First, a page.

by Edie Weinstein
It seems that Kelly Sullivan was born to be an artist. Her loving grandmother shared these wise words that encouraged her to create, “Don’t be shy with the paint” – and adds, that “she also let me explore a lot by exposing me to different mediums and crafts. Her house in the Poconos was like magic to me. She also used to praise everything I created which was encouraging, but perhaps not realistic in terms of preparing me for a real career in the arts. When I was five, it was wonderful though.”
This Lambertville ‘creativa’ invites others to splash about in their own colorfully creative juices. Sullivan explains that she does this “in many ways. Paint is only one of them. The important thing is to exercise your imagination, whether you use paint, or music, or gardening. The act of creating anything exercises the imagination and the process of taking your vision through the steps necessary to bring it into existence develops your critical thinking skills. There is great science available to support the need for creative exercise, and in addition, it just feels really good.
Her group activity called Paint.Team “offers people a way to be creative together, without any anxiety of ‘not doing it right’. Folks can touch any empty area and the program gives them multiple colors to work with. They can combine colors to create patterns or picture within that space so their marks unique, but they still contribute to the overall image – and it’s surprising relaxing. It’s pretty cool.”
One way she invites erstwhile participants to dive right in is through FingerSmears™ , the purpose of which is to “create a collaborative meaningful piece of art. I began creating FingerSmears™ over 25 years ago, and I’ve managed to involve over 100,000 people in collaborative work. I’ve created FingerSmears™ with many different groups, large and small – corporate leadership conferences, tradeshows, school groups, sporting teams, and rock stars. They are often used to commemorate events, so I design them based on conversations and directives from my clients. We consider messaging, the size of the group, and the final destination of each piece. When I arrive on location I sketch out the image and invite guests to participate by picking a color and sticking their finger in the paint. They then add their mark and their signature to piece. I am there for the entire process, and I pull the piece together at the close of the event. Often the final FingerSmears™ will hang in the corporate lobby, or be auctioned off for charity, or become a piece of public art. Clients get some extra mileage out of the project by sending follow-up postcards or prints of the finished piece.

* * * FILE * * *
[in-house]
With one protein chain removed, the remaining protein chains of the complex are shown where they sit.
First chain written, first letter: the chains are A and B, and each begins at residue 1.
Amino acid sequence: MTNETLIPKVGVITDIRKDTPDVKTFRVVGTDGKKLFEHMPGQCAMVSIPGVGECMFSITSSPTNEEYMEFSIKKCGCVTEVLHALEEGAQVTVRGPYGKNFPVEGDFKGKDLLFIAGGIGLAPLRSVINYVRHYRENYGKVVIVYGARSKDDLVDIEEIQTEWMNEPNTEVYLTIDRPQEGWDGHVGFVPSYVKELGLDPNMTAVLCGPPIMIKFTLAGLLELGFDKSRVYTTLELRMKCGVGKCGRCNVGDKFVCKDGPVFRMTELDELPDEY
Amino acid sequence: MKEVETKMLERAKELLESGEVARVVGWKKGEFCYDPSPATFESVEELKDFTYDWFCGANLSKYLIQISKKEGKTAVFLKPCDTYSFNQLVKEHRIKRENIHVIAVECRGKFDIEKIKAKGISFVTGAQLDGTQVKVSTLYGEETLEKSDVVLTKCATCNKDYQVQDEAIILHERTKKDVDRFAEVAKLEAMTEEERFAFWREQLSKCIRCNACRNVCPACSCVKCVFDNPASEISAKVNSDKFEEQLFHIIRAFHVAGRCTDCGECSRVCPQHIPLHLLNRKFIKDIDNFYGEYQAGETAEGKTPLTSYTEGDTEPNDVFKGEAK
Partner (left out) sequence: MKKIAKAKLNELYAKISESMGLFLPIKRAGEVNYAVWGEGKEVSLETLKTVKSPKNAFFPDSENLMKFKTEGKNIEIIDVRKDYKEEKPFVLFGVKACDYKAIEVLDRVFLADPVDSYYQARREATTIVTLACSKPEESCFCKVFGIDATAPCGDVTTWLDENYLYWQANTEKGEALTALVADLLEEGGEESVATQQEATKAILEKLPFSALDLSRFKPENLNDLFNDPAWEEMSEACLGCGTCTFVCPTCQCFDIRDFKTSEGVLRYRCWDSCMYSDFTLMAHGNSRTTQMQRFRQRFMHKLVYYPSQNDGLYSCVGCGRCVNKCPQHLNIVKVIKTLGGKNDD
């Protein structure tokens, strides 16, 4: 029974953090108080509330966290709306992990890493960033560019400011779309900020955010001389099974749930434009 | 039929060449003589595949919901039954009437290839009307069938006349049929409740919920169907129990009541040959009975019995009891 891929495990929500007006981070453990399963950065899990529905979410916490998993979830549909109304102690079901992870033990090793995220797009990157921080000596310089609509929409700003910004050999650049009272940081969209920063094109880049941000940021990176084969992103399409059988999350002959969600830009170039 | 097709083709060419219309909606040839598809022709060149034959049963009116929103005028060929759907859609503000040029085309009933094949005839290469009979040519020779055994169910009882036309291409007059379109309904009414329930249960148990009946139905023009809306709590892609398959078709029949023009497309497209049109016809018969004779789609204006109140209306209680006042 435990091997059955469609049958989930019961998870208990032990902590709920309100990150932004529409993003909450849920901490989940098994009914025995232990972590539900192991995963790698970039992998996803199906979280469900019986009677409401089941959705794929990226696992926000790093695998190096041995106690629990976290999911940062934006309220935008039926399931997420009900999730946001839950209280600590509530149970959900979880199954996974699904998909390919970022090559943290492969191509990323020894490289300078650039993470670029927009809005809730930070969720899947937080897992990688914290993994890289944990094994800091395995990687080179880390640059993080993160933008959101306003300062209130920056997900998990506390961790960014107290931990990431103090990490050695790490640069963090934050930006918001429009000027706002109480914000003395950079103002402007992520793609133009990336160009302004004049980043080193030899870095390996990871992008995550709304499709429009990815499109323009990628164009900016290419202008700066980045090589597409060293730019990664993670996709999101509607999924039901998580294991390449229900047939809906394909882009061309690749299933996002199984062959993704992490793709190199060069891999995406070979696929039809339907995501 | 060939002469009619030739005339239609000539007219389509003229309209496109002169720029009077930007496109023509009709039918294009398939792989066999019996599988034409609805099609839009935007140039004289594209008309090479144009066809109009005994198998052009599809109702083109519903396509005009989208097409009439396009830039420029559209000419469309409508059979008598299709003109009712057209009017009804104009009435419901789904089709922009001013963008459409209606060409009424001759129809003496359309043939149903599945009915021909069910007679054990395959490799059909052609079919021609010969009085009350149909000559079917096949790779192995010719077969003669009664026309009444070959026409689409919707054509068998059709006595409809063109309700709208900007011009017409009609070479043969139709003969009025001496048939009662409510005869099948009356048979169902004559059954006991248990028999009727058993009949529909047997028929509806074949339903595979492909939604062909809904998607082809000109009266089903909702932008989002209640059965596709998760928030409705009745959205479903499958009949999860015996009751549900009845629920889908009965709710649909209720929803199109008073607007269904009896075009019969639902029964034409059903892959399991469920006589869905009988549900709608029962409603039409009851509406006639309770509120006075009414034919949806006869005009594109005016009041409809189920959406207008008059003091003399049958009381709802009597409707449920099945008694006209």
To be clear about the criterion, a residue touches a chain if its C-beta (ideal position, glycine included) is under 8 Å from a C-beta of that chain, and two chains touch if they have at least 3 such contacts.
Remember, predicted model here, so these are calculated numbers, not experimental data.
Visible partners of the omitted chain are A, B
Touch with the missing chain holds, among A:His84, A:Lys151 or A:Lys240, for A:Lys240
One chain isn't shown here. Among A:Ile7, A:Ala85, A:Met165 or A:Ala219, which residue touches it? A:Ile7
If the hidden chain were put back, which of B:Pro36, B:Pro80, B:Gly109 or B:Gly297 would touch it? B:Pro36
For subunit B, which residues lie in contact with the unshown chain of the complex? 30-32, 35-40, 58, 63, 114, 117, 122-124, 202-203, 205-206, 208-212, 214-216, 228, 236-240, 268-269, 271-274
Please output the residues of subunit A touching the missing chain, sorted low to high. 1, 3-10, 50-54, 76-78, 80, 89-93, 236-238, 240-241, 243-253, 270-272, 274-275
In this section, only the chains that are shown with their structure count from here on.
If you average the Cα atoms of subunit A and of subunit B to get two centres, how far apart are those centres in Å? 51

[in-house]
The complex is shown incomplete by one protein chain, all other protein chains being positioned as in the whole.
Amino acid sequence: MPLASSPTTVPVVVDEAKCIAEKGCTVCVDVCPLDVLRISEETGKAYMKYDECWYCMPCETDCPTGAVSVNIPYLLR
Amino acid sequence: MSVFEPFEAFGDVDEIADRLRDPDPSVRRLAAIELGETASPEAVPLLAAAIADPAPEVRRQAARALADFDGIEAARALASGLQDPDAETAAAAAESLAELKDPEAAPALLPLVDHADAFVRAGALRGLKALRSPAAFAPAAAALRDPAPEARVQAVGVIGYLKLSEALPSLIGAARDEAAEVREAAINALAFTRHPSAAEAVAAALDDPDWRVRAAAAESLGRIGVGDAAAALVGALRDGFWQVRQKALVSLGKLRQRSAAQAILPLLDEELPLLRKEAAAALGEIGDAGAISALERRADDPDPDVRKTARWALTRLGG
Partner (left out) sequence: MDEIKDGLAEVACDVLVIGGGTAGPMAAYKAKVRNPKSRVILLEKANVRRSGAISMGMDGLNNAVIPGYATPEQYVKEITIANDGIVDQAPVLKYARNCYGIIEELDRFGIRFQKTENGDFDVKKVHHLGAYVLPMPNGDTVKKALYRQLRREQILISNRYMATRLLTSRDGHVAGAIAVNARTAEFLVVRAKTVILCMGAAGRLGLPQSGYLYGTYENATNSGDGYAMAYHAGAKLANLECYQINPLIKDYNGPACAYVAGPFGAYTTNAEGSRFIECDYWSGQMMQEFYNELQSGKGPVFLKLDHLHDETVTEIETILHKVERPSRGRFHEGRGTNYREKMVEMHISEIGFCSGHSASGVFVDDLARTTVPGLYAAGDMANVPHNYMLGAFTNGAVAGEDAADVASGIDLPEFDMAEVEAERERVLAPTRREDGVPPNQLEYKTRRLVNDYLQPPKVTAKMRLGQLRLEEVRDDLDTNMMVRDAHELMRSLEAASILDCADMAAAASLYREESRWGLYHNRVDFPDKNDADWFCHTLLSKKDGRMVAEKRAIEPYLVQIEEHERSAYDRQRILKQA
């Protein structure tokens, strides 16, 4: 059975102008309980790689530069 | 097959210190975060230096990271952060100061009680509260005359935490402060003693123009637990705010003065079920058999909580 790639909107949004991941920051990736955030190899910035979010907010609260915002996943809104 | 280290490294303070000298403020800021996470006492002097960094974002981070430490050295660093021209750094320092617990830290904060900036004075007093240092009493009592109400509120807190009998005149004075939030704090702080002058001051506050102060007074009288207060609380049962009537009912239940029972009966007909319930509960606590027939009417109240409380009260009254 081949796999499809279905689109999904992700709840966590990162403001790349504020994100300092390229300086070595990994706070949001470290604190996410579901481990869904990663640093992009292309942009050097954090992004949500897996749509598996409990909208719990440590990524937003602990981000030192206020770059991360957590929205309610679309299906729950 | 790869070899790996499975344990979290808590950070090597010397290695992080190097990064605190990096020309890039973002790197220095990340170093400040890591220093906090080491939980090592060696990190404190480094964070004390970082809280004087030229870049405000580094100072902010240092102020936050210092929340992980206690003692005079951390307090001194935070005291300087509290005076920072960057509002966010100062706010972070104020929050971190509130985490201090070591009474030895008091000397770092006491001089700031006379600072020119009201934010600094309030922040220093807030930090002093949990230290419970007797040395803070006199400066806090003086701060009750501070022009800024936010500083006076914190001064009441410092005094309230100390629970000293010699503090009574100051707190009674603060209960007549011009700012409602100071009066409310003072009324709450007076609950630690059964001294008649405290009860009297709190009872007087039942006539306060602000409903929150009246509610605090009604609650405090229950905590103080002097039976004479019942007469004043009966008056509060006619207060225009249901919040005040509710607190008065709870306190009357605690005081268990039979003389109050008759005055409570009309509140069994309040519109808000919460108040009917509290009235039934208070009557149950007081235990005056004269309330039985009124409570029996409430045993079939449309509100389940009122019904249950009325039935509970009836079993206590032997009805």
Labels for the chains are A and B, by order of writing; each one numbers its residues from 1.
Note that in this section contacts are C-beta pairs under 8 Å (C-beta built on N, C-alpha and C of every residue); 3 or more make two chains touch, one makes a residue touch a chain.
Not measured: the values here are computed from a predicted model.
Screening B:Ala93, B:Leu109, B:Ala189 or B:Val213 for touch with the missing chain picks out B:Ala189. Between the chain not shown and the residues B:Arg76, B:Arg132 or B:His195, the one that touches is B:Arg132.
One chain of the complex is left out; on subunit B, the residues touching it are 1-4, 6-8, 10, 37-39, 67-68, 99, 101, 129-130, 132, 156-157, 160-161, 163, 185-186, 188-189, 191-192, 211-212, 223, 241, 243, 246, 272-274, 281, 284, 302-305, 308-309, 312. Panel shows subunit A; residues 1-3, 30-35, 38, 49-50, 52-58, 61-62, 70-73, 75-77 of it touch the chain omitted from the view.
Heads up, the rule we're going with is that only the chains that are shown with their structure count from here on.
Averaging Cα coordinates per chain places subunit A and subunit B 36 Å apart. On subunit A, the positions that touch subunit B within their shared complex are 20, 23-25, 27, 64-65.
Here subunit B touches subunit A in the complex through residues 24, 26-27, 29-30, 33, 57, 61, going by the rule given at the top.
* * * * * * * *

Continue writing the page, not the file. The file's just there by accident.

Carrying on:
Many don’t consider themselves artistic. Sullivan believes that “some are more inclined toward creative activity. We all have our strengths and that’s how we balance each other out. You may not consider yourself to be artistic, just like I don’t consider myself to be mathematical, but just as I need math to maintain a well-balanced life, you need some art too. Art, for those who don’t consider themselves to be artistic, can be an anxiety provoking exercise. We are forced to make choices and sometimes what we choose doesn’t turn out so well. There is risk involved in creating anything. FingerSmears™ and Paint.Team remove a lot of that anxiety because they are governed by some logic in the background that helps hold it all together. They leave you room to be creative, without compromising the whole, which just makes it fun.”